Ron DeSantis ends his run for US president and backs Donald Trump


After failing to emerge as a major opponent for the White House against the 77-year-old former president, Florida Governor Ron DeSantis has endorsed Donald Trump and halted his campaign for the Republican nomination for president of the United States of America just before the New Hampshire primary.

The decision made by DeSantis came less than two days before the New Hampshire primary, in which polls showed him to be a significant distance behind the frontrunner, Donald Trump, and Nikki Haley, who had previously served as the United Nations Ambassador.

In a video that was uploaded to X on Sunday, the 45-year-old candidate stated, “It is abundantly clear to me that the majority of Republican primary voters want to give Donald Trump another chance.”

Ron DeSantis ends his run for US president
One of Trump’s main opponents, Florida Governor Ron DeSantis, got in the race (Image Source: MPR News)

In the video, DeSantis continued his attack on Haley, who has been his closest challenger for second place in the primary race for a long time. He stated that Republicans “can’t go back to the old Republican guard of yesteryear, a repackaged form of warmed-over corporatism that Nikki Haley represents.”

Trump put aside months of criticism and mockery of DeSantis to laud the governor during a rally that took place on Sunday evening in Rochester, New Hampshire.

He stated that he was looking forward to working together with DeSantis to defeat President Joe Biden, who is almost certainly going to be the Democratic Presidential nominee.

Read More:- Trump receives Tim Scott’s endorsement at New Hampshire event

In an effort to win the New Hampshire primary, Trump accused Haley of forging a “unholy alliance” with liberals, never-Trump supporters, and so-called RINOs, which stands for Republicans in Name Only.

Early primary surveys indicated that DeSantis was in a great position to defeat Trump, who is currently facing various legal suits, including one for influence in the 2020 presidential election. This was the case when DeSantis entered the race for the presidency in 2024.

With a considerable legislative record on topics that are important to many conservatives, such as abortion and the teaching of race and gender issues in schools, the governor of Florida was able to build a campaign war fund that was well in excess of one hundred million dollars.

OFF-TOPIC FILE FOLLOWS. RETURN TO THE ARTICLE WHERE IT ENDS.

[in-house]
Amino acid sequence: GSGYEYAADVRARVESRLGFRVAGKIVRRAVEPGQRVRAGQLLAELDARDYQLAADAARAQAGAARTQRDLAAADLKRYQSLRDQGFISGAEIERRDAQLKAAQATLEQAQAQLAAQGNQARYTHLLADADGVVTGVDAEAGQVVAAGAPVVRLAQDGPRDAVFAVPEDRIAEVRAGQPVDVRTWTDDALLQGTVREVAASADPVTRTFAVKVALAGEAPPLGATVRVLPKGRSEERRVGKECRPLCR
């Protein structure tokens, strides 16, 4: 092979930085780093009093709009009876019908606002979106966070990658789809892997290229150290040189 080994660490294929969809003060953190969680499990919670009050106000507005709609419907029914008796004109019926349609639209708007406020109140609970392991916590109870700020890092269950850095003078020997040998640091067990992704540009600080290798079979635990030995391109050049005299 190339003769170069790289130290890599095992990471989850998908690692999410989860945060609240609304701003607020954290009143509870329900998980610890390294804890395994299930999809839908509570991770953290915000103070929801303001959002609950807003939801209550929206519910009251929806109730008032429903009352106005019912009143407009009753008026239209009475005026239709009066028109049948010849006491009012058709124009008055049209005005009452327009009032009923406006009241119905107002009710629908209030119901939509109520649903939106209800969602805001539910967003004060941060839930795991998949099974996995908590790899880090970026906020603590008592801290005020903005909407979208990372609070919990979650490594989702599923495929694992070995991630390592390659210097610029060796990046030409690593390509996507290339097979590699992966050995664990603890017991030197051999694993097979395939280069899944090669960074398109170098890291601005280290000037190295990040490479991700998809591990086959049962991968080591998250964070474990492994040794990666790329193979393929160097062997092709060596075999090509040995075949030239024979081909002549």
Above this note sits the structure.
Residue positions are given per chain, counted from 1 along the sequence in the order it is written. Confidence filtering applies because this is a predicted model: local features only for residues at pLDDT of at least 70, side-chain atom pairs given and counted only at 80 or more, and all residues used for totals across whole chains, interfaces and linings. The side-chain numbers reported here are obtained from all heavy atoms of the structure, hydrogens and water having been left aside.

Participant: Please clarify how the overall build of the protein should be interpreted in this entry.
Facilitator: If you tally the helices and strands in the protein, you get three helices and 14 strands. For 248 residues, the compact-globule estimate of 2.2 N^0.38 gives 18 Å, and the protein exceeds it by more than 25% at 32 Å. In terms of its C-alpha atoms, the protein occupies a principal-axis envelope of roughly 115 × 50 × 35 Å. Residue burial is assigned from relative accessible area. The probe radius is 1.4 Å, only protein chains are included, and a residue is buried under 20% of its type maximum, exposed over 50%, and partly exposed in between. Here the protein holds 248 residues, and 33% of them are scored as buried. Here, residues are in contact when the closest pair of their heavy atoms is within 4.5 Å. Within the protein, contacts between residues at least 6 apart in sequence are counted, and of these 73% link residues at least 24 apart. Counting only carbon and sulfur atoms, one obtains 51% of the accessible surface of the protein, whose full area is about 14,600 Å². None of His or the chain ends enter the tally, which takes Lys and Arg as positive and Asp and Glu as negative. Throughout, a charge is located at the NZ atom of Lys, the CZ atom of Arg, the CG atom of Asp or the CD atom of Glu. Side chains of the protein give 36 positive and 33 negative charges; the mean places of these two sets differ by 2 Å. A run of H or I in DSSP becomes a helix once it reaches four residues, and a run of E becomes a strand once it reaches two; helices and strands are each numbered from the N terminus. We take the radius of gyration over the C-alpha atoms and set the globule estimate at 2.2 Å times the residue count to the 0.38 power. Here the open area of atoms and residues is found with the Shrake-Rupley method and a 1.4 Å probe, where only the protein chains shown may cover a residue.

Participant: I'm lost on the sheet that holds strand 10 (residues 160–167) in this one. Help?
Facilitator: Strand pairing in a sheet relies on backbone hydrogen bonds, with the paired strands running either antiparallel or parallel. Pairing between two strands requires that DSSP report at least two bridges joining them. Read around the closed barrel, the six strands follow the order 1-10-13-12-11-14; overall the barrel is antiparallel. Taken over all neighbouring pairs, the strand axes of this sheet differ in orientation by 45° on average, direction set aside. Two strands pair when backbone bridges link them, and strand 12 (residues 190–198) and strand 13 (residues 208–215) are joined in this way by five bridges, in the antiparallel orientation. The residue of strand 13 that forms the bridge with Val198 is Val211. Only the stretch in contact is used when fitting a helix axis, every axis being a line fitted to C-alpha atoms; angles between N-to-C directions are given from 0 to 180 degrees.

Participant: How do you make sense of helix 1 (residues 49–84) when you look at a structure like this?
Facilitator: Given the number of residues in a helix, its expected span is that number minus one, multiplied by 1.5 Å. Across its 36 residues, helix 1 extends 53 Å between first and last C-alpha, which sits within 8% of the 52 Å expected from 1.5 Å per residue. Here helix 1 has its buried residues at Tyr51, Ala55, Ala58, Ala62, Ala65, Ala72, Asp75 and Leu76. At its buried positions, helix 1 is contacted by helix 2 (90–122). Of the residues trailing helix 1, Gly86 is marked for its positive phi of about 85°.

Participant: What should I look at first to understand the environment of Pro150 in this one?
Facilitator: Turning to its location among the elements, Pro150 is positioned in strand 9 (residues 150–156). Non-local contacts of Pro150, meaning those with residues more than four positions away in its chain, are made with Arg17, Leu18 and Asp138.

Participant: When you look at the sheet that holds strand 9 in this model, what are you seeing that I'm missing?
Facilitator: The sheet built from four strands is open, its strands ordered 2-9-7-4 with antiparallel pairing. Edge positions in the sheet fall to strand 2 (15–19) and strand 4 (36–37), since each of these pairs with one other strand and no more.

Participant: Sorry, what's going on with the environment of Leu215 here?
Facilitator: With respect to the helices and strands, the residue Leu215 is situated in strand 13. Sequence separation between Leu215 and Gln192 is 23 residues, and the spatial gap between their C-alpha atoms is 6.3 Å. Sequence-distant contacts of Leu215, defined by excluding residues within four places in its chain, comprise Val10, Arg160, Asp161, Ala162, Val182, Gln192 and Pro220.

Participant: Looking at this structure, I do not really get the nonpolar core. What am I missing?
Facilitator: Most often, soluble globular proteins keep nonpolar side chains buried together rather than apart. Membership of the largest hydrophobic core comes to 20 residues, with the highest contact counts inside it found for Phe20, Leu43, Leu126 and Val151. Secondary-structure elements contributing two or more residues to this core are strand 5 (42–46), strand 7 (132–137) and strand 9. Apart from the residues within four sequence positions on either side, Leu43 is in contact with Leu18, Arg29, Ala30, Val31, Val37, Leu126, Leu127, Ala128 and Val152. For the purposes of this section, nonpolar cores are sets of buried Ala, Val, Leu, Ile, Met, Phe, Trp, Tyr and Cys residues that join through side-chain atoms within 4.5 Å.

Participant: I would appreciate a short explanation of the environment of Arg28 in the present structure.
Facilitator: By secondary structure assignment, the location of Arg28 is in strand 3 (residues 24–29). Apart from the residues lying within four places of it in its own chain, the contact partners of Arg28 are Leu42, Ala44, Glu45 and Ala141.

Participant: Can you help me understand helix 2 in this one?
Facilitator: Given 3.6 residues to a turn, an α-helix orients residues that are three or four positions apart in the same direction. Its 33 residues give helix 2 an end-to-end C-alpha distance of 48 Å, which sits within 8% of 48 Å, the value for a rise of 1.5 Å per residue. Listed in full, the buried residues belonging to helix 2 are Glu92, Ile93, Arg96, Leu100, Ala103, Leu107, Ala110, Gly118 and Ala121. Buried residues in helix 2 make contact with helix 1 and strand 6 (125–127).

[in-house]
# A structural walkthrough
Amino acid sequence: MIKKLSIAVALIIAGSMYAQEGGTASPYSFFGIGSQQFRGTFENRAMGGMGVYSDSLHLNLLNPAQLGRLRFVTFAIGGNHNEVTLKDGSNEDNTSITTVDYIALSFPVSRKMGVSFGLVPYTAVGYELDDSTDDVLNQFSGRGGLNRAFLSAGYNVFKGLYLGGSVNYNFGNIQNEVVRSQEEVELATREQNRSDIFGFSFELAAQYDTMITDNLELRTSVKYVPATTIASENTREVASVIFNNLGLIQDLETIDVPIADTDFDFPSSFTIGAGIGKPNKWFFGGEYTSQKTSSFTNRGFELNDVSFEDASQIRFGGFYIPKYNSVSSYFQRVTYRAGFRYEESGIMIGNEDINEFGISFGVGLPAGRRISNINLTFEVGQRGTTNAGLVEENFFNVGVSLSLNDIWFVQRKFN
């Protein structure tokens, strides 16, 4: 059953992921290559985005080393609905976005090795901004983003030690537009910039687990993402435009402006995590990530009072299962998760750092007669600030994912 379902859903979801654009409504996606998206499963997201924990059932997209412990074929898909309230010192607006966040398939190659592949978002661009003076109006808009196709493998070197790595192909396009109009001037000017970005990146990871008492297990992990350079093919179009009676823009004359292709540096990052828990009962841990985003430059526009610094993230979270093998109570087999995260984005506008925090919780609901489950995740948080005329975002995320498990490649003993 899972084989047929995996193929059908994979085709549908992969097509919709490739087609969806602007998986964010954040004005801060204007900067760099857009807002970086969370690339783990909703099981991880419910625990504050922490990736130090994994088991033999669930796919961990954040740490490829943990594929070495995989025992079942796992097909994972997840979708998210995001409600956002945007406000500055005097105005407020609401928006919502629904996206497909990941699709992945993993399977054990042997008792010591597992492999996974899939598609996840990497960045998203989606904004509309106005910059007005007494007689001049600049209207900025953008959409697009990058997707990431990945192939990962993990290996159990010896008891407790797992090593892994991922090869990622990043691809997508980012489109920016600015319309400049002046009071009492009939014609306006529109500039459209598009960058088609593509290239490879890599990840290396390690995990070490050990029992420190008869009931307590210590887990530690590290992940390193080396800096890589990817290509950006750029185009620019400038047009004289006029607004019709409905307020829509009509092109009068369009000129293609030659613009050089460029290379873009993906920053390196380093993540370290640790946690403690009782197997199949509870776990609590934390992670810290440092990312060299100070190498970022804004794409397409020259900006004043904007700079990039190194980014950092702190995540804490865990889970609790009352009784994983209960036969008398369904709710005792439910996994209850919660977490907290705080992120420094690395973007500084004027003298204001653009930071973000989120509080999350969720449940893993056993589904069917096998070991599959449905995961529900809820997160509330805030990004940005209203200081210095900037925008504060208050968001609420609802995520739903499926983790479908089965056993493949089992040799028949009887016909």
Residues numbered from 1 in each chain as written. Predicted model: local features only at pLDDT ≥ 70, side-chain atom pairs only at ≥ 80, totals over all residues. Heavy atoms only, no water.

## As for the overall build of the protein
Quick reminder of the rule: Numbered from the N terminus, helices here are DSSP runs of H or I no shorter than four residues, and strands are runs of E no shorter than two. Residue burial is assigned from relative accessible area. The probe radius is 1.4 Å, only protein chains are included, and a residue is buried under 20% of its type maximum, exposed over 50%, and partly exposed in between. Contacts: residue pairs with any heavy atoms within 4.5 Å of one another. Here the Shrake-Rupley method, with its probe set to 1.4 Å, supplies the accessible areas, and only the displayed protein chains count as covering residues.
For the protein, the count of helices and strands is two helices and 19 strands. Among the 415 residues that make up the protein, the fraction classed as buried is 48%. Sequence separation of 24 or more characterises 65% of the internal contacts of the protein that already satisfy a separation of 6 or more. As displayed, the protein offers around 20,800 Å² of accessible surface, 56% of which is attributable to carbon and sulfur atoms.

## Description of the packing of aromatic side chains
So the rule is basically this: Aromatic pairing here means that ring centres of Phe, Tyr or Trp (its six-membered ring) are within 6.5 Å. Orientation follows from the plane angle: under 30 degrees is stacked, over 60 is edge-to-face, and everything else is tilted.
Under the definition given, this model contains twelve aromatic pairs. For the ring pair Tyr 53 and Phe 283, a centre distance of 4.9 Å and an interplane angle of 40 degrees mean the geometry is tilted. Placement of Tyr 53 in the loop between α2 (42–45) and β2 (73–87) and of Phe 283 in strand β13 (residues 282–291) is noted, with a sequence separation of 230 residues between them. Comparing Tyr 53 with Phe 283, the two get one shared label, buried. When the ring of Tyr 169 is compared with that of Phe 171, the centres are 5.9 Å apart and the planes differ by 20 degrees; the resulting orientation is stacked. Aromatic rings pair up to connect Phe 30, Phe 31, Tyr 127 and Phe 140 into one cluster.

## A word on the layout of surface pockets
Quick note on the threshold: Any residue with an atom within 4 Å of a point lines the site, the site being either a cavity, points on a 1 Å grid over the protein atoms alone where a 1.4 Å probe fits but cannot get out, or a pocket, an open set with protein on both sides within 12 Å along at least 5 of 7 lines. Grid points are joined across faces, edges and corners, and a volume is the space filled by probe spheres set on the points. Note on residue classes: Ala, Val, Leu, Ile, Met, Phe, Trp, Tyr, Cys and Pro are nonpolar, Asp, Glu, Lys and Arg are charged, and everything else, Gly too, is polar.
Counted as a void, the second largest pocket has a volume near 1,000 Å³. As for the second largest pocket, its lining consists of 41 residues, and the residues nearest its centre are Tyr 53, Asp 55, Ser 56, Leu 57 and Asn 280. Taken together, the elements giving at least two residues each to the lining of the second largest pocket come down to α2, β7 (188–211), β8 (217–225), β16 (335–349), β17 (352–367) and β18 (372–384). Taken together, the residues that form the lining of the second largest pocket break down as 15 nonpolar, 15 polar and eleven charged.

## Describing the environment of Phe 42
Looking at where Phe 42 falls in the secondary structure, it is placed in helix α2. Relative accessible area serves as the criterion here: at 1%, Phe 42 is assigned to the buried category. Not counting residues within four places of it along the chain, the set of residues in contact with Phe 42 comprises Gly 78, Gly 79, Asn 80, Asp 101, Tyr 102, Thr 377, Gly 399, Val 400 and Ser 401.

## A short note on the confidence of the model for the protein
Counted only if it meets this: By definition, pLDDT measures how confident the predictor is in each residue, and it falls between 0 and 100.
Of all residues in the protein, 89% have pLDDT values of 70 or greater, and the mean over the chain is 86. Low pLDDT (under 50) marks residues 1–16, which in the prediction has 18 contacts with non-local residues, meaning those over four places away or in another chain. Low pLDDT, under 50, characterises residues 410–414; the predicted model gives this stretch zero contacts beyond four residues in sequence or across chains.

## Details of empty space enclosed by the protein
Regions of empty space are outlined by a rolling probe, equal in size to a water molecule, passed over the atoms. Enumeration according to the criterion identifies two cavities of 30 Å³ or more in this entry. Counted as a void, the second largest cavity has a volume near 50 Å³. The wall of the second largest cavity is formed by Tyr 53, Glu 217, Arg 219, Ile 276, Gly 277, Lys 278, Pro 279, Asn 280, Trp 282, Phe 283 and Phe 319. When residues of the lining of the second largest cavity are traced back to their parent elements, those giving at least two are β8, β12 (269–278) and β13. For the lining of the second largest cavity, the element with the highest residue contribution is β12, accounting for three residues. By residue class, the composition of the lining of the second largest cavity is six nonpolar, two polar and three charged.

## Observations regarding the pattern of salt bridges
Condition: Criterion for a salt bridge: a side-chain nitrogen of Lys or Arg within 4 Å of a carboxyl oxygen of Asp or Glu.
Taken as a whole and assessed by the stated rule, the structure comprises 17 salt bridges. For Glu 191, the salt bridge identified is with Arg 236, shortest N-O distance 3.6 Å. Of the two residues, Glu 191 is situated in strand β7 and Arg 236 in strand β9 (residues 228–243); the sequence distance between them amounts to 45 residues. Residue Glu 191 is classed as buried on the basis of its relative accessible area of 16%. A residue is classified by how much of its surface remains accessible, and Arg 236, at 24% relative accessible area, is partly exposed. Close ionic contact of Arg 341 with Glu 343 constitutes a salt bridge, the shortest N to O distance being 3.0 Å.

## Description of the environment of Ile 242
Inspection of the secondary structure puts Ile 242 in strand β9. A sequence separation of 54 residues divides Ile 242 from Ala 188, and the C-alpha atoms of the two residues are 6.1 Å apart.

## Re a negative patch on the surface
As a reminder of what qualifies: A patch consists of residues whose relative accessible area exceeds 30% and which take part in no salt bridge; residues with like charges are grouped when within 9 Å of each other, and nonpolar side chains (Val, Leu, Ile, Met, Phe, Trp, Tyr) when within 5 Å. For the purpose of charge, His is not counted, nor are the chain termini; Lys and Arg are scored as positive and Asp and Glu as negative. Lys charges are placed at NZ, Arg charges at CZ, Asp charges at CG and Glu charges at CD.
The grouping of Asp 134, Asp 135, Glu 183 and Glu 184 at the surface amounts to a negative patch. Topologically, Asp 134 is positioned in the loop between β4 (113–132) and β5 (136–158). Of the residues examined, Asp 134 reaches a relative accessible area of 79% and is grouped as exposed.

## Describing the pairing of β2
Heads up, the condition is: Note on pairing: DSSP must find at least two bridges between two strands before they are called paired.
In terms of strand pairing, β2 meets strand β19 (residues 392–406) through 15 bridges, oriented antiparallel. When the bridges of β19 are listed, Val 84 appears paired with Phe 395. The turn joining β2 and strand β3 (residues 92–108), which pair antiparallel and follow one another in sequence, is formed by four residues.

From a high-profile announcement on X that was beset by technological issues to repeated shifts in his team and campaign strategy, DeSantis struggled to find his footing in the primary for a number of reasons.

It was by a margin of thirty percentage points that he was defeated by Trump in the Iowa caucuses, which he had sworn to win. Haley came in second place.

In debates and advertisements, DeSantis and Haley routinely attacked each other, and they did it in a manner that was frequently more direct than their attacks on Trump.

According to David Kochel, a Republican strategist who has worked on five different presidential campaigns, it is highly unlikely that the departure of DeSantis will alter the fundamental contours of the campaign. This is because his support has significantly decreased.

Trump vs Haley

In New Hampshire, Trump is now leading Haley by a margin of more than ten points, according to surveys, and his campaign staff is hoping that if they win for the second time in a row, it would almost certainly result in him being nominated for president.

At the same time that Haley was being referred to as “the candidate of the globalists and Democrats,” the campaign of the former reality TV star pushed Republicans to align themselves with him.

In the statement, it was stated that “it is time to choose wisely.”

Even in South Carolina, where the election is scheduled to take place on February 24, Trump has a dominating advantage.

Trump appeared more conciliatory towards DeSantis as he campaigned in New Hampshire (Image Source: Reuters)

In the event that Haley were to suffer a defeat in her home state, which she served as governor of from 2011 to 2017, it would most likely be the end of her candidacy.

Given the limited amount of time available, Haley has intensified her attacks on Trump, pointing the finger of blame at the former president for the election losses suffered by the Republican Party in the years 2020 and 2022 and criticizing his adulation for authoritarian governments.

Haley wrote in a statement that the United States of America is “not a country of coronations.”

To this point, only one state has cast a vote. Some of its votes were cast for Donald Trump, while others were not cast for him… “The people who vote deserve to have a say in whether we continue down the path that Trump and Biden have taken, or whether we take a new path that is more conservative,” she said.

As a result of DeSantis’s decision to withdraw from the campaign for the presidential nomination, his political future is also subject to uncertainty. The 45-year-old governor of Florida is limited to serving a maximum of two terms in office.

January 2027 marks the end of his most recent term.


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